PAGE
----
An extraordinary book, built on an unprecedented amount of research picturing an iconic life story

For those fascinated with history and way of life in Alaska, highlighted through unique people’s stories in a unique land, this is an extraordinary book. There are many biographical books or memoirs about people migrating to America and then rushing west, and ultimately north to Alaska. There are many stories about old and new times adventures, incomparable nature, wilderness, and survival challenges – from the Klondike gold rush to these days. But there is not a book like this one.

The story about Mollie Walsh, an “American story”, was built on an unprecedented amount of research and collected facts related to the late 19th and early 20th century. Author Art Petersen artfully leads you diving in a documented and assumed reality of those times and people crossing paths with this “nearly invisible woman” with her iconic life story. You will see hundreds of references, like small pebbles, used to build a powerful, colorful mosaic picturing Mollie’s life journey, especially the life-changing “Klondike time”.

This book is not a fast, leisure read. It requires your full focus as a reader, and it will award you with an amazing time travel to “Promised Lands” and a view from the driver’s seat.

Pascale Halliday, Whitehorse, Yukon Territory, Alaska History, Fall 2022, pp 77-78.

For aficionados of gold rush history, women’s history, or anyone looking for a story of resilience and adventure, Promised Lands is a wonderful choice.

Nestled on a side street of Skagway, Alaska, is Mollie Walsh Park. Visitors to the park can find a bust of Walsh there, with an intriguing inscription: “Alone, without help, this courageous girl ran a grub tent near Log Cabin during the Gold Rush of 1897-1898. She fed and lodged the wildest gold-crazed men. Generations shall surely know this inspiring spirit. Murdered Oct. 27, 1902.” Who could pass by an inscription like that without wondering about the woman who inspired it? In Promised Lands, author and historian Art Petersen unfolds the life of entrepreneur and pioneer Mollie Walsh and takes readers on a detailed tour of America and the Klondike at the turn of the nineteenth century.

As the inscription on her statue indicates, Walsh led an adventurous life. Like many historical figures of the Klondike Gold Rush, Walsh’s story has been embellished and misrepresented over the years. Petersen devotes several pages to correcting false information about Walsh and exploring how it came to be added to her biography. Petersen’s research skills are evident in the way he combines a variety of sources such as census data, newspaper articles, and personal correspondence to create an engaging and detailed narrative. Petersen traces Walsh’s life from her childhood in the Midwest through her journey to the Klondike and finally to the last years of her life spent in Seattle. The bulk of the book focuses on the most famous era in Walsh’s life: the time she spent running a roadhouse on the Upper White Pass during the Klondike Gold Rush. Established in 1898, the roadhouse was where Walsh became known for providing warm lodging, food, and conversation to the stampeders braving the White Pass. It was also during this time that Walsh met Mike Bartlett, the man she would later marry and who would murder her in 1902. It is never easy to parse the real, lived experience of a historical figure from the pages of an archive, but Petersen does an admirable job of giving the reader insight into Walsh’s sometimes joyous but all too often tragic world.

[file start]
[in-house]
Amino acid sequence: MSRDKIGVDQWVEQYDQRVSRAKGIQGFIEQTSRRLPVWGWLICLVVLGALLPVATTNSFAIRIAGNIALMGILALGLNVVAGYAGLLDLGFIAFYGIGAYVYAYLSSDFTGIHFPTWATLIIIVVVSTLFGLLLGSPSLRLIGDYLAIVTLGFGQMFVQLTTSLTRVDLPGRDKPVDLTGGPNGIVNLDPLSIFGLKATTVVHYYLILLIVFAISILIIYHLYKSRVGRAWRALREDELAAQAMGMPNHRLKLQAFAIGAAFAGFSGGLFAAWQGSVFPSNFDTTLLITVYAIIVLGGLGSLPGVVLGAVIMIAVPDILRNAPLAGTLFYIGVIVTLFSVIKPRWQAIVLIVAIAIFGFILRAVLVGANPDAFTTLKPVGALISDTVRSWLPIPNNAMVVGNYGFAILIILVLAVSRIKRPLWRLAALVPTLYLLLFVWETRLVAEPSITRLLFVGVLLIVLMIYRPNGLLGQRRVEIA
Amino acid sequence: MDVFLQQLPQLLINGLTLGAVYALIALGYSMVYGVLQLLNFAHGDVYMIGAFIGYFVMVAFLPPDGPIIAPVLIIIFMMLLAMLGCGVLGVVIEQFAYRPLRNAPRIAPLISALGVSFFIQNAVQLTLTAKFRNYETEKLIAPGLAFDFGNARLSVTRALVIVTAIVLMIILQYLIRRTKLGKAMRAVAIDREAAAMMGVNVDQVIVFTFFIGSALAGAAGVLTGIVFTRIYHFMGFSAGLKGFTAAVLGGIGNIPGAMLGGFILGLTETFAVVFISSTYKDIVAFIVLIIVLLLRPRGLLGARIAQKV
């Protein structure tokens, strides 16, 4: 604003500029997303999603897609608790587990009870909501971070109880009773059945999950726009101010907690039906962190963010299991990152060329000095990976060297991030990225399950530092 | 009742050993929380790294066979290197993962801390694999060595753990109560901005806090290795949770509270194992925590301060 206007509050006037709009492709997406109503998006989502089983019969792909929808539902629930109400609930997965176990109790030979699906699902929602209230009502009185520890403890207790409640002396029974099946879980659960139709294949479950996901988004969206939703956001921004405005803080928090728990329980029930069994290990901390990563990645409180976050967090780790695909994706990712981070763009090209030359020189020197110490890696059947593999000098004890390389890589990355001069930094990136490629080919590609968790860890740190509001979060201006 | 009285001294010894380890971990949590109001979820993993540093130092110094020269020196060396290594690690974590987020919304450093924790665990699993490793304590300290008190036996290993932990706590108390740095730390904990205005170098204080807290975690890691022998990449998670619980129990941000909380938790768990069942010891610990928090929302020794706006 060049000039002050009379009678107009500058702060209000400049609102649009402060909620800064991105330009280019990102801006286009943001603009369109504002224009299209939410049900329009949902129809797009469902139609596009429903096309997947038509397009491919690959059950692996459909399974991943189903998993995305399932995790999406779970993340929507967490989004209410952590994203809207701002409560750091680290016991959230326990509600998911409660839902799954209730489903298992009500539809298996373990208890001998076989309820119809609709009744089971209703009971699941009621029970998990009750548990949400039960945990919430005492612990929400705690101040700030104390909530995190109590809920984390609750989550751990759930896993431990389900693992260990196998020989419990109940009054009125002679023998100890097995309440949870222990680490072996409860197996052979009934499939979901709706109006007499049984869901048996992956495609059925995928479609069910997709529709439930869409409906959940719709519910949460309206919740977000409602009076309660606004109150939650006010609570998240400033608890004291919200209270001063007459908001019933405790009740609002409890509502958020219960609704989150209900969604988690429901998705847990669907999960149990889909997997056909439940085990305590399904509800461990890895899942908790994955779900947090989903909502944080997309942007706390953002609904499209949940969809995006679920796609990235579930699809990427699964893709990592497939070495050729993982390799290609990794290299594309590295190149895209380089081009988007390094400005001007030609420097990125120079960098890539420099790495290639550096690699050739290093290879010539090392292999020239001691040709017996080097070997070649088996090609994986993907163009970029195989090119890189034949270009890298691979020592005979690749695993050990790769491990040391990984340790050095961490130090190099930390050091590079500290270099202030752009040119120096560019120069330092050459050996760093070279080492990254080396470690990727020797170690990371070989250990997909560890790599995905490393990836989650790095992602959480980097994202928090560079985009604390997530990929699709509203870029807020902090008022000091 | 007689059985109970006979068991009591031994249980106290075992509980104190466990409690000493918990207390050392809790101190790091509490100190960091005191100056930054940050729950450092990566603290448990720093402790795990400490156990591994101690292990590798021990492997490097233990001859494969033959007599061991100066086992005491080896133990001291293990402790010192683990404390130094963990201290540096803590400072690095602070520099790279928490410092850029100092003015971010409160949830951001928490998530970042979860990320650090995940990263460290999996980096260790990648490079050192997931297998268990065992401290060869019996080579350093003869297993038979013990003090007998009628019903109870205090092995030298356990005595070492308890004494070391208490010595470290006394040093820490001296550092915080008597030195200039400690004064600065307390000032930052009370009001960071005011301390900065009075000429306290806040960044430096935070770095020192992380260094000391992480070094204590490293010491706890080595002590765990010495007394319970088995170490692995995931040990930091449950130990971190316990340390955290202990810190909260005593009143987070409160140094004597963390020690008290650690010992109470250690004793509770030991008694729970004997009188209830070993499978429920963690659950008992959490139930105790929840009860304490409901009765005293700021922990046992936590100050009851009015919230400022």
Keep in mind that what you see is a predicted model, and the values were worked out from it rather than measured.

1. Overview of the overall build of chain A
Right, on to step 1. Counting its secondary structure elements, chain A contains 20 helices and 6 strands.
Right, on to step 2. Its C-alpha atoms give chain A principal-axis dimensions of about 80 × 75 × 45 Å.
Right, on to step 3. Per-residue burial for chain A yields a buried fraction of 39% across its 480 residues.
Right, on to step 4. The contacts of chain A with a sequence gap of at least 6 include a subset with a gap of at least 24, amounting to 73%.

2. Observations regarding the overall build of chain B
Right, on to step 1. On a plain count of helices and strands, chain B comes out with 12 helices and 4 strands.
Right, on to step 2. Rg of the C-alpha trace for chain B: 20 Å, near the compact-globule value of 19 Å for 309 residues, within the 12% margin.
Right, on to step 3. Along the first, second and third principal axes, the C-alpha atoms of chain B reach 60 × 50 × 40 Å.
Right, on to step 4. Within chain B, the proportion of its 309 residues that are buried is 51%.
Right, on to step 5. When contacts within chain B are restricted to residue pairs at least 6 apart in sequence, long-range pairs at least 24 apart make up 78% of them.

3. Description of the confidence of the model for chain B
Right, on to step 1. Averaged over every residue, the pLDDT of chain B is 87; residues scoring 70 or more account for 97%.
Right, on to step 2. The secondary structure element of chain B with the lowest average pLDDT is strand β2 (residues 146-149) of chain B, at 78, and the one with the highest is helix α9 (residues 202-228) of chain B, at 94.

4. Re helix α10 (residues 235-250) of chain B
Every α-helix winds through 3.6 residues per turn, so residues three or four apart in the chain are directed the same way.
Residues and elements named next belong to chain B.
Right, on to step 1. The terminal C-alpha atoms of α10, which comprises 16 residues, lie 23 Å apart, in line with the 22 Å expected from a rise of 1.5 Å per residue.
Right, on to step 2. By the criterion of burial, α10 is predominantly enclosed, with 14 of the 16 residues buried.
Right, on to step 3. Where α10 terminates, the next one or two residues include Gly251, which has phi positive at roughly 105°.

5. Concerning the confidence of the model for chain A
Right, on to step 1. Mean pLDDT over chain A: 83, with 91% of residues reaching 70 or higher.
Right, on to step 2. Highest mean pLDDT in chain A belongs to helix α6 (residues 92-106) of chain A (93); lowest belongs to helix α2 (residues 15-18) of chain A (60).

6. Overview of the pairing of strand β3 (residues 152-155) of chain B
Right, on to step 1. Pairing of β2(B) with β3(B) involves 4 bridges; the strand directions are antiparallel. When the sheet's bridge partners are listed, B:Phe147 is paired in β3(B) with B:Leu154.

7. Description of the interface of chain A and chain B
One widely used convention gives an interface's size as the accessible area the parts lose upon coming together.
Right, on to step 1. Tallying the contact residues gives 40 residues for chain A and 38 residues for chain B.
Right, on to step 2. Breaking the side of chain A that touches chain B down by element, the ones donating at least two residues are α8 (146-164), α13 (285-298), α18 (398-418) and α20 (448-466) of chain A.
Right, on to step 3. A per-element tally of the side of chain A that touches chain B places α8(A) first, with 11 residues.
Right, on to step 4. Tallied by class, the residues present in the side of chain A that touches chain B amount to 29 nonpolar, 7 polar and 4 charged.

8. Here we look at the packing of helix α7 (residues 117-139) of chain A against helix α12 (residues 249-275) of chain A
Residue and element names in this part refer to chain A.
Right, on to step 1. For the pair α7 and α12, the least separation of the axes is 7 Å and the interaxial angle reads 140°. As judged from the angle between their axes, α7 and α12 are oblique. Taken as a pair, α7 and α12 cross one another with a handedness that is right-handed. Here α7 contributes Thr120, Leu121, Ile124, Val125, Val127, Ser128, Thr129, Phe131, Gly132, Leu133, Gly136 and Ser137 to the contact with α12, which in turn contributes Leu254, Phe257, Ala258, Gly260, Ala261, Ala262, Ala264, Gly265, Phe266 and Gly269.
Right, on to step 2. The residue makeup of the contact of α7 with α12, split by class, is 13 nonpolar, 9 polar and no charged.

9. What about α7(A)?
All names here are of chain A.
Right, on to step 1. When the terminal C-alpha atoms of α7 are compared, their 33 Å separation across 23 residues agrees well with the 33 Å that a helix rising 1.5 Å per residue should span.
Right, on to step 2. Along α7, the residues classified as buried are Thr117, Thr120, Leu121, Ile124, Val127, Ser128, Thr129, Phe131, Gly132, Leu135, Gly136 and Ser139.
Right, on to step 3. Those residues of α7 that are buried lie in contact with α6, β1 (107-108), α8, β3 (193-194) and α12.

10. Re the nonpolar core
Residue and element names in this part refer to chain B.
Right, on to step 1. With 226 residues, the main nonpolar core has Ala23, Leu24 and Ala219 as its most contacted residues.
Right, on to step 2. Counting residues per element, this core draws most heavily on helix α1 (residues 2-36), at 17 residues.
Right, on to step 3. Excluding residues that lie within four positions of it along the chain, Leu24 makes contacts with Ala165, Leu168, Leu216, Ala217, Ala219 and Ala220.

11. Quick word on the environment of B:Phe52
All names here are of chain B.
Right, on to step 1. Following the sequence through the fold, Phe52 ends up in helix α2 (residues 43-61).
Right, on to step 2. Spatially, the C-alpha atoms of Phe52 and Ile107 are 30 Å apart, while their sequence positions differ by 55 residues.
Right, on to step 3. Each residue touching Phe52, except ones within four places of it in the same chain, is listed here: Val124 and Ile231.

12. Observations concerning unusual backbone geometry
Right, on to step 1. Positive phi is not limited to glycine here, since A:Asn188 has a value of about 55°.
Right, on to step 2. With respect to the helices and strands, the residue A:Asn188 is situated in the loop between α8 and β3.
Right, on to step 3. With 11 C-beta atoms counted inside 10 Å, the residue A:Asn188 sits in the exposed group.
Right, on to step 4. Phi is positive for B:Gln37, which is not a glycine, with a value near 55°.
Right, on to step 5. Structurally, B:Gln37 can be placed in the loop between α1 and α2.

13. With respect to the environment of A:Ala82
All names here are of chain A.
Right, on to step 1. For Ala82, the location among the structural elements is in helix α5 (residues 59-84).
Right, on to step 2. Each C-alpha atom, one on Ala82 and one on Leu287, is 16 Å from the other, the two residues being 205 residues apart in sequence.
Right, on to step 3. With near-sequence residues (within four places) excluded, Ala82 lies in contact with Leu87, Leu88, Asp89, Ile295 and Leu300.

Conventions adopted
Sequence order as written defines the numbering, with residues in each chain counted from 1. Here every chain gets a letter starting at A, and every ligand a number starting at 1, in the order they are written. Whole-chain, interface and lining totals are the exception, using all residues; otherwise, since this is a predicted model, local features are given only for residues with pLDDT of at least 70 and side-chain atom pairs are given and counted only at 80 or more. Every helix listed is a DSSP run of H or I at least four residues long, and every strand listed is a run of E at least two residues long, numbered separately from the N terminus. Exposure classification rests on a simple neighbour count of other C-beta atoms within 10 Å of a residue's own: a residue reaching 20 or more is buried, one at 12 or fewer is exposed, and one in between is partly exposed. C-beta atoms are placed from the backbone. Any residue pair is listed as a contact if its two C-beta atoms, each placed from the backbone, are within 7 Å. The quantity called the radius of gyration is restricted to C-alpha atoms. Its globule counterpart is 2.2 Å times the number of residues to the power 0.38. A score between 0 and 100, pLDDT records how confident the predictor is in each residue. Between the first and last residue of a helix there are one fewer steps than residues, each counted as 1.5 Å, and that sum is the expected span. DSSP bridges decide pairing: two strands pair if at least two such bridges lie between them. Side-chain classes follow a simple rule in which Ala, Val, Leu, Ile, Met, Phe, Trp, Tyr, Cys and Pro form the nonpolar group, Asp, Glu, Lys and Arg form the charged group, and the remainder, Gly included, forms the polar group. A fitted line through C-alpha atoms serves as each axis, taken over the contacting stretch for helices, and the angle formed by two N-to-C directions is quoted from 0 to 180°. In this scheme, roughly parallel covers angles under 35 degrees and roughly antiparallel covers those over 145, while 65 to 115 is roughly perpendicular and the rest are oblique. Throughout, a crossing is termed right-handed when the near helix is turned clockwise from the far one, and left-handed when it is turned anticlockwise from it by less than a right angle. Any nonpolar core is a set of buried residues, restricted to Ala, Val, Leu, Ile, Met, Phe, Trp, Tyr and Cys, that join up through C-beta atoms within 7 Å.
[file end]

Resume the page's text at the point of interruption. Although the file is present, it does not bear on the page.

While recounting Walsh’s life, Petersen uses her experiences to make connections to larger, often problematic aspects of life in the late nineteenth and early twentieth centuries. Walsh’s time spent working as a laundress in St. Paul, Minnesota, and Butte, Montana, for example, leads to an exploration of labor conditions for young women in a city. While this historical contextualization can at times distract from the main biographical narrative, it offers interesting analysis of the social conditions of Walsh’s world. Petersen’s analysis of the use of blackface and other racist costumes in both stage entertainment and social gatherings in the Klondike is particularly interesting and sheds light on a sociological phenomenon that is not always included in discussions of Klondike Gold Rush history.